Staying Happy for the Holidays

Staying Happy for the Holidays

What is a holiday - a holy day, a day for merrymaking, a day of rest?  Whether it is Christmas, Hanukkah, Kwanza, the holidays are designed to meet the human need for finding meaning, celebrating and having a break from routine life.

Dateline NBC and Prevention Magazine conducted a scientific poll about holiday stress.  Forty-one percent of those polled owned up to finding Christmas and Hanukkah stressful.  The reality is that for many people saddness comes amid the holiday happiness.  If you have suffered a loss or are not in good health, traditions may change and everything can seem different.  Depression may deepen with the short daylight hours of the winter months.  Financial and time burdens may highten the stress.  Domestic violence, alcohol use, drug abuse, and suicidal thoughts may escalate.  Divorce may complicate family gatherings.

Like many families, my family and I have experienced life changes and losses that impact our lifestyle, including our holiday plans and festivities.  We miss my parents who have passed, other family relationships are different, health conditions have changed, children are grown, and we find ourselves in the process of making new traditions and altering old ones.  We will still light the Christmas tree and have gifts underneath.  Candles will likely play a big part in the festivities because my son and his wife love them.  I will decorate with red since it was my mom's favorite color.  We will read from the Bible and have a Nativity set to honor the birth of Jesus.  There will be a lot of food, music, and fun - but the pace may just be a little slower this year.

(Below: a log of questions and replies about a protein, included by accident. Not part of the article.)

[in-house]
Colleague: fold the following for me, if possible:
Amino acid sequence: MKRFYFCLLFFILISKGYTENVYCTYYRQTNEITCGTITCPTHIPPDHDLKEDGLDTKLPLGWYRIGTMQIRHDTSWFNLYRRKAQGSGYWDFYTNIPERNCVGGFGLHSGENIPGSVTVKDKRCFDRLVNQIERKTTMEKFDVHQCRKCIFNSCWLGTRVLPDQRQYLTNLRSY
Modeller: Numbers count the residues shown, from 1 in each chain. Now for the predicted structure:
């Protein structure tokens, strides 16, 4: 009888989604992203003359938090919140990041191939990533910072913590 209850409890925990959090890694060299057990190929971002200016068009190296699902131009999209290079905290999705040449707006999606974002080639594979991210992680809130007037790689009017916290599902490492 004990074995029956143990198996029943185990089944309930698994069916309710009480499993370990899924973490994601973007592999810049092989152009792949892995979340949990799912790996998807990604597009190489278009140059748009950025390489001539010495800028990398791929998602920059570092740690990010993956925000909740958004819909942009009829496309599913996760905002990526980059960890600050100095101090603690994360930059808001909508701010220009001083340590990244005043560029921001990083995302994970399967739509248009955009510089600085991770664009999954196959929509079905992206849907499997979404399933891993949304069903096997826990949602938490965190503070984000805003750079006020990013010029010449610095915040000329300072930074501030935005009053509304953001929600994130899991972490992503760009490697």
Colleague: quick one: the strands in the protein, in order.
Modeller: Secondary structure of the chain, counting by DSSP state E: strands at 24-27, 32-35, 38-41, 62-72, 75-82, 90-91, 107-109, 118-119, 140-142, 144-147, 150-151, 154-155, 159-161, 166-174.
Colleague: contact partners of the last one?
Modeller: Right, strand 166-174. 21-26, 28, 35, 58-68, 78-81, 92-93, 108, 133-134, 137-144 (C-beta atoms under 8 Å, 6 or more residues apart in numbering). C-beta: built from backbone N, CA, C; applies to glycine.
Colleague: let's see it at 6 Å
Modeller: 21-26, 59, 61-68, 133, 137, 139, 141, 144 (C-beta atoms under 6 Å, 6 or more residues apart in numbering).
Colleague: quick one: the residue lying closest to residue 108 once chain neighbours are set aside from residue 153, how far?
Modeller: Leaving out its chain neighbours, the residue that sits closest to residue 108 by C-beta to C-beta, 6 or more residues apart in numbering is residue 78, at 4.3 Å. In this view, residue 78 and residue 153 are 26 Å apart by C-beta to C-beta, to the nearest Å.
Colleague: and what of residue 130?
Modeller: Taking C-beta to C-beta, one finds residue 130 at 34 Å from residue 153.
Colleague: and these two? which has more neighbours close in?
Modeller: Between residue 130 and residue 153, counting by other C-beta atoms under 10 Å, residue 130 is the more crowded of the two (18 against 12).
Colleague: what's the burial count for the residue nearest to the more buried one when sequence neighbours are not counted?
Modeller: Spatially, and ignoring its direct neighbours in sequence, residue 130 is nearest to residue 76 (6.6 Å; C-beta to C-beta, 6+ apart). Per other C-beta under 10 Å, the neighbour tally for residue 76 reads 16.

Like most folks, we will not have a Norman Rockwell type of holiday season.  But there is good news from the Dateline NBC and Prevention Magazine poll.  In spite of it all, 62 percent of those polled say they still really look forward to the holidays.  They are still filled with good fun and warm memories.  If you struggle during this time of year, here are some helpful tips for coping:

  • Pace yourself.
  • Don't strive for perfection, be realistic.
  • Take a break.
  • Honor some old traditions.
  • Create new rituals.
  • Say "no" if you feel time or financial pressure.
  • Keep up your usual exercise routine.
  • Allow yourself a time to cry or feel sad.
  • Allow yourself to be happy and laugh.
  • Spend time with supportive family or friends.
  • Make a new friend or contact an old friend.
  • Lean on your faith.

Finally, give yourself permission to just take it all in, relax, have fun, and remember that the holiday season only comes around once a year.  Happy Holidays!

Copyright GreerNow Magazine, December 2006